This coyote visited the prairie dog town where I was set up for burrowing owls. Rocky Mountain Arsenal NWR, CO
Today I was sitting in my blind watching holes since oh-dark-thirty like I frequently do, when a chorus of alarms sounded. I suppose prairie dogs have a different alarm for coyotes than a Swainson’s hawk, but it all sounds the same to me – there’s an intruder – be ready to dive in your burrrow. Their chirping becomes urgent, louder, a higher pitch, more intense; and it’s everyone at once, starting with the sentries. I was watching a burrow being used by burrowing owls, and waiting for chicks to emerge from their underground nest for the first time. I didn’t see the chicks yet, but there’s always something entertaining happening in a prairie dog town. My time with the coyote was short, just a few seconds that interrupted a cacophony of black-tailed prairie dog chirping and sweet melodies of Western meadowlarks and horned larks… and an occasional jet from DIA. The prairie is so alive in late spring – a remarkable time of year!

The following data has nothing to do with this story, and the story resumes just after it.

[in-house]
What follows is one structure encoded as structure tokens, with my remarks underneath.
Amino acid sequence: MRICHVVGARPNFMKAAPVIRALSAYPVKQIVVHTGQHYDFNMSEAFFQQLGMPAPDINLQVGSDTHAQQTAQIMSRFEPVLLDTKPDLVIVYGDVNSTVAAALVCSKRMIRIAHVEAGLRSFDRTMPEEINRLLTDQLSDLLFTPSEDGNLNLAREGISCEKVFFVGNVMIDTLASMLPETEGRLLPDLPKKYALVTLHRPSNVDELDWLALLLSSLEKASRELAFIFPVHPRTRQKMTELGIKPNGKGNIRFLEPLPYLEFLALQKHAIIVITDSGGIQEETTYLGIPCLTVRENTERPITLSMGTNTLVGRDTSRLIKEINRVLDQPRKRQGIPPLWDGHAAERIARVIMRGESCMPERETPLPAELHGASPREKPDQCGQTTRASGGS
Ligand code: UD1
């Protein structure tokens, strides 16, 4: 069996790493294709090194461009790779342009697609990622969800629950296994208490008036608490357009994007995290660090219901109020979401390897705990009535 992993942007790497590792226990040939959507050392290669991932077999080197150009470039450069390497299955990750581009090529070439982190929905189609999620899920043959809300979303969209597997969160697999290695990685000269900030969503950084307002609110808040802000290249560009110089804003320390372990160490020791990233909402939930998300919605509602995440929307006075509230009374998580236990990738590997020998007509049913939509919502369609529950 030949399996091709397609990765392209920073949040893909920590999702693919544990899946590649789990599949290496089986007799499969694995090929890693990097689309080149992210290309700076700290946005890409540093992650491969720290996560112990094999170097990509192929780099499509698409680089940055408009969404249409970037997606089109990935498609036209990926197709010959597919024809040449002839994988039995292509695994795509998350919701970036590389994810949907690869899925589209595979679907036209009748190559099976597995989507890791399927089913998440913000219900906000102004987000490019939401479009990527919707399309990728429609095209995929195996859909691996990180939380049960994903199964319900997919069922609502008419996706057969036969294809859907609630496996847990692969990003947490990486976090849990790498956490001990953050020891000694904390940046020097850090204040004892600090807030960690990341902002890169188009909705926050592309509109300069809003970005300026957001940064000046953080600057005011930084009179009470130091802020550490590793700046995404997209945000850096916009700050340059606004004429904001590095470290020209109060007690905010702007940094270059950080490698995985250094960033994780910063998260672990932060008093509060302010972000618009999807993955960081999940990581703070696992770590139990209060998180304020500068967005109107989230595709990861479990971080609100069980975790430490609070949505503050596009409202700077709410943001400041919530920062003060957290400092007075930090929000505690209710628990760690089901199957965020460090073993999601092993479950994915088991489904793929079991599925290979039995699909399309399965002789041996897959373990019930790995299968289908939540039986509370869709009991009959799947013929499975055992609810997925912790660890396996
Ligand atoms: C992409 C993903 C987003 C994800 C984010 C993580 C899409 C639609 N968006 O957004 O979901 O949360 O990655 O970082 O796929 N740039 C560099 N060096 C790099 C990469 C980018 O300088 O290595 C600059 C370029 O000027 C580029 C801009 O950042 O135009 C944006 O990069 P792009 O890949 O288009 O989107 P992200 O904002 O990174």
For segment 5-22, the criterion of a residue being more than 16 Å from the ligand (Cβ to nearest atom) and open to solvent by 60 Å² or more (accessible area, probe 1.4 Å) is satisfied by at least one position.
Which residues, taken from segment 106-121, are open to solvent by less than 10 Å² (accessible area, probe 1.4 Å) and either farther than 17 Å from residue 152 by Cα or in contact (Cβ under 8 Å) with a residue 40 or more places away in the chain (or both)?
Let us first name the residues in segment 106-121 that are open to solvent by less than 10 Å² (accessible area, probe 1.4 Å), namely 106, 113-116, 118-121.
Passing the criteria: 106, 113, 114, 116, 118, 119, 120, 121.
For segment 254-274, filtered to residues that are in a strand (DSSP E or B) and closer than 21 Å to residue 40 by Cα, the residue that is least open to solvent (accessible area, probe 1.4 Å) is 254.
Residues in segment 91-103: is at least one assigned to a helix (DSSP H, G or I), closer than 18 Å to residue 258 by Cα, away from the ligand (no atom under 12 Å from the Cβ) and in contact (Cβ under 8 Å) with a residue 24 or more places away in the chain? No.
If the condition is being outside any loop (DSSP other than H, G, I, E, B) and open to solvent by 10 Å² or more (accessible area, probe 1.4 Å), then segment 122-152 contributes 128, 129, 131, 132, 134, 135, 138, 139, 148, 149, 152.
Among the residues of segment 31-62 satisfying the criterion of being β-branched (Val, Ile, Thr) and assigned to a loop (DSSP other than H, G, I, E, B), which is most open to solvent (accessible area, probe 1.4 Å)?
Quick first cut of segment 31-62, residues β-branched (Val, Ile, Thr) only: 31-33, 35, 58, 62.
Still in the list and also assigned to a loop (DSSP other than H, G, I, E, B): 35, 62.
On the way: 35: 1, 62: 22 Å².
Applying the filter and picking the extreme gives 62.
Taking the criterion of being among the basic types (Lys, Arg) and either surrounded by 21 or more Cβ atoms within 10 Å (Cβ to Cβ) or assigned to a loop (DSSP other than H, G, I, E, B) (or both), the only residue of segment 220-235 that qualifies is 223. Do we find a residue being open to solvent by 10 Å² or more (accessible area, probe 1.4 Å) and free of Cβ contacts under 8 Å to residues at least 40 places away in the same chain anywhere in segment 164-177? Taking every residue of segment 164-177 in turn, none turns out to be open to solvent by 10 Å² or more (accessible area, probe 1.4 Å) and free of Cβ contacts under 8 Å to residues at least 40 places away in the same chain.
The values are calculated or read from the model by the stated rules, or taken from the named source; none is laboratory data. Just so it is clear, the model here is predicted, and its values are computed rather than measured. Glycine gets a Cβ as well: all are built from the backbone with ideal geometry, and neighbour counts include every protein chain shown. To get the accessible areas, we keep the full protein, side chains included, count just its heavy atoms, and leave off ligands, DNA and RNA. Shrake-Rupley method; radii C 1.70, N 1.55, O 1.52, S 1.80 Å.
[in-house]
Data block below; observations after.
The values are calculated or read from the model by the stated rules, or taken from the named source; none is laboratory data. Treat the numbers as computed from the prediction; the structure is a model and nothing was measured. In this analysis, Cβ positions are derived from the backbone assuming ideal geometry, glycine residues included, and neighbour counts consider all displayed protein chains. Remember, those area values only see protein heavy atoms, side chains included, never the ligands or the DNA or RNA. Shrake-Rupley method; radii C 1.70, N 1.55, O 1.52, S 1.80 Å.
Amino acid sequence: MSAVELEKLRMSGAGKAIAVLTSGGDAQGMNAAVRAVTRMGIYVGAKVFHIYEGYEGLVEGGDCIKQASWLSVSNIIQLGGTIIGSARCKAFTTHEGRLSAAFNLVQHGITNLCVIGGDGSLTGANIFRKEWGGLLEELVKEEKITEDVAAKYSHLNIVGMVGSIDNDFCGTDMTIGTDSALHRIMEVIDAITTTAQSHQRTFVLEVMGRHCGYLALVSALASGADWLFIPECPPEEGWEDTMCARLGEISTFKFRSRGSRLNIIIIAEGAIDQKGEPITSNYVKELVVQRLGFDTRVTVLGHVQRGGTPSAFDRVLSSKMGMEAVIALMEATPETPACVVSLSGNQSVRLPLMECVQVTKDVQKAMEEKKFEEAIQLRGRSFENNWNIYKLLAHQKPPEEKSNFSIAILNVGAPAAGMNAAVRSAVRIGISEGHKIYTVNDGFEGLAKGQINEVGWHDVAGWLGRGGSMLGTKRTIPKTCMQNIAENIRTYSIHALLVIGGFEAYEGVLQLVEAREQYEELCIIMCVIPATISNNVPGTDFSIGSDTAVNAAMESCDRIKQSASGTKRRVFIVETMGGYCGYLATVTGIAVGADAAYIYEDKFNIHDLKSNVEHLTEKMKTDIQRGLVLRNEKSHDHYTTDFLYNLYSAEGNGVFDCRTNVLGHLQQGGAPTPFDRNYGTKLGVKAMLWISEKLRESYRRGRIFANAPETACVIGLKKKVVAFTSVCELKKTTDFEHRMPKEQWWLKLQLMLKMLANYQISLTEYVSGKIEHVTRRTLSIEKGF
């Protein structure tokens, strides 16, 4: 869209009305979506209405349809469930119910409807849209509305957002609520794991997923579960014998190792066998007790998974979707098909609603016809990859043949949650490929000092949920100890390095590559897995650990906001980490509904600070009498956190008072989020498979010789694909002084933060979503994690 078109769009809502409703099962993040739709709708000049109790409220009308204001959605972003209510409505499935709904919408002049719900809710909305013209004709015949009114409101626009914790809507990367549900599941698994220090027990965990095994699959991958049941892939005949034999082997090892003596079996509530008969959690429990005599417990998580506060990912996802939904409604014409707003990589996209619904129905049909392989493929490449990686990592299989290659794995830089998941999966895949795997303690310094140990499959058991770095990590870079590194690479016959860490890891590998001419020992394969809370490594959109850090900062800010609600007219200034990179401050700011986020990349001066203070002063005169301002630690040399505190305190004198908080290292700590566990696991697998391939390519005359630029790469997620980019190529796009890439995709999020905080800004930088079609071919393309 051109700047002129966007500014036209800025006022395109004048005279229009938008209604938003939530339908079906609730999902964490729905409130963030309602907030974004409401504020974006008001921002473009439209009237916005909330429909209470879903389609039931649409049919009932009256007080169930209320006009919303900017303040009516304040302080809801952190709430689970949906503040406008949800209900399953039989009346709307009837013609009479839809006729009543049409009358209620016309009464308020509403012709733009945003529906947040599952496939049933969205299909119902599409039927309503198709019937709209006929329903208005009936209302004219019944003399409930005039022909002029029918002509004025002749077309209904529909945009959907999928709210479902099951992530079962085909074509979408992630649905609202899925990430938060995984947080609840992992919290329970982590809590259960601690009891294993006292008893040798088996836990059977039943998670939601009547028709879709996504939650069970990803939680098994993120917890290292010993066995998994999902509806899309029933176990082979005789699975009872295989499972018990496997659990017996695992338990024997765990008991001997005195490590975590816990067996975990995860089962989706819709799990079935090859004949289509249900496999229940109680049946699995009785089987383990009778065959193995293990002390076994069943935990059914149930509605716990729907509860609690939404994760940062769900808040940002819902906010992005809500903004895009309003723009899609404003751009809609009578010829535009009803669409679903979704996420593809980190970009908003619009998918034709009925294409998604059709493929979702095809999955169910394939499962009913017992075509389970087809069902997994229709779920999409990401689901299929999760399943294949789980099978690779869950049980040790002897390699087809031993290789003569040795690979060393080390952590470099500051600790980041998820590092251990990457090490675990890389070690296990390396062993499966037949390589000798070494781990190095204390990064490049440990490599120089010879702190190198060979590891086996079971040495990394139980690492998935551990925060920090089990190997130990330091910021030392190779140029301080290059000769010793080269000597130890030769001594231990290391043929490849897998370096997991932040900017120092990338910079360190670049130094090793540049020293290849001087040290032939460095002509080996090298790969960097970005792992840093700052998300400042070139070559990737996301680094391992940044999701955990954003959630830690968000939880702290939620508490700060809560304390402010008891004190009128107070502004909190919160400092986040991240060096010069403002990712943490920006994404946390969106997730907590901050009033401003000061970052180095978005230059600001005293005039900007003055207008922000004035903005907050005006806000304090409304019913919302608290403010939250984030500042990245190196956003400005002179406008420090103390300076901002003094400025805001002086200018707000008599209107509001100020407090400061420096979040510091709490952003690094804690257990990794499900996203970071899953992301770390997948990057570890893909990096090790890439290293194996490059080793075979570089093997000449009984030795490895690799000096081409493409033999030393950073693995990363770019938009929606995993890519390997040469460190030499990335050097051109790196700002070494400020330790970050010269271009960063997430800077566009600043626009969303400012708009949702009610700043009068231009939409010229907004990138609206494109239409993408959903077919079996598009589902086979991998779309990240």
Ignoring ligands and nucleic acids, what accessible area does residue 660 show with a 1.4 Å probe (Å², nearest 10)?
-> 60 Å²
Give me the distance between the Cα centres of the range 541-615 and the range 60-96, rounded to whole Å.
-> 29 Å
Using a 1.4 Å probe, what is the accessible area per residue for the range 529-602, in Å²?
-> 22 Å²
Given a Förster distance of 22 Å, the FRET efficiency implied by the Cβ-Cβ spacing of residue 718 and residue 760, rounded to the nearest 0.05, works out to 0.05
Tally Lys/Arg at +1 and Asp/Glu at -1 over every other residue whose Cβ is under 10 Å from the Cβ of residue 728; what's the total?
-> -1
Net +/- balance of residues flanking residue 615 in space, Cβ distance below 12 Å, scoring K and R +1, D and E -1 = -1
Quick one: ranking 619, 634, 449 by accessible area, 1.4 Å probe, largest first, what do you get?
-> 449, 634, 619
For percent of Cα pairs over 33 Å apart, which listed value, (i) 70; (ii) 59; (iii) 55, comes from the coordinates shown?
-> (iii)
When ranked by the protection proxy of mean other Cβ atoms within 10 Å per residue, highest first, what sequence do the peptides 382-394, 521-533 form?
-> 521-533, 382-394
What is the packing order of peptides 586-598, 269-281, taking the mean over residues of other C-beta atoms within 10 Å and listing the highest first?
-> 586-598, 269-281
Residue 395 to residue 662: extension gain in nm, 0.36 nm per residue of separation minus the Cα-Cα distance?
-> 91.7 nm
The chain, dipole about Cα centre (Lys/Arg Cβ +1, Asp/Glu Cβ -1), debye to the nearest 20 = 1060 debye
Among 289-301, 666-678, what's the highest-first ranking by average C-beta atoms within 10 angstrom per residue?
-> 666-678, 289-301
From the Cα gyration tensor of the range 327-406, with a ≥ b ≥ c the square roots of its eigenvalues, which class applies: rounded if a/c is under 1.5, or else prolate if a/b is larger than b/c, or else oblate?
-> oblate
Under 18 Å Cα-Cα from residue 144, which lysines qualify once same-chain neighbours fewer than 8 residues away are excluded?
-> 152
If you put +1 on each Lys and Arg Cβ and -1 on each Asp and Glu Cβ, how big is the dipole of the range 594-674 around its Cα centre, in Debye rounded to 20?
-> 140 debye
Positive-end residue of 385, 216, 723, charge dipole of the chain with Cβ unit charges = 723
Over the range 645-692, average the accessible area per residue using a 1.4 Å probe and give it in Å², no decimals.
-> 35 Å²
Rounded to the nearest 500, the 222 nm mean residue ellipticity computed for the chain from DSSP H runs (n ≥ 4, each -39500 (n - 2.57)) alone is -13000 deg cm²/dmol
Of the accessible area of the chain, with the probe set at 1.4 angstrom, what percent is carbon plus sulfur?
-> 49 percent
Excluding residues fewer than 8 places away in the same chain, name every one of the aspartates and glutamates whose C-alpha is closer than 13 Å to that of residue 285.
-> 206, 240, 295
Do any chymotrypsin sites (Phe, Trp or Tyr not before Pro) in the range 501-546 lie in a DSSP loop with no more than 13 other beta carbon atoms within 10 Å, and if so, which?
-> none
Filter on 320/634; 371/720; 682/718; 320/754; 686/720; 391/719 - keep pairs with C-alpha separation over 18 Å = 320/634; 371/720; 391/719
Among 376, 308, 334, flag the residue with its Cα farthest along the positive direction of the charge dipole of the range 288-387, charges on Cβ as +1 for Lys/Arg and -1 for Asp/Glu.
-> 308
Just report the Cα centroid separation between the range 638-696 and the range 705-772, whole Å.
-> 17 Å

This black-tailed prairie dog was right next to my blind and I photographed him backlit in early morning light just before the coyote showed up.
Prairie dogs have a highly developed social structure and communication skills, probably better than a lot of people!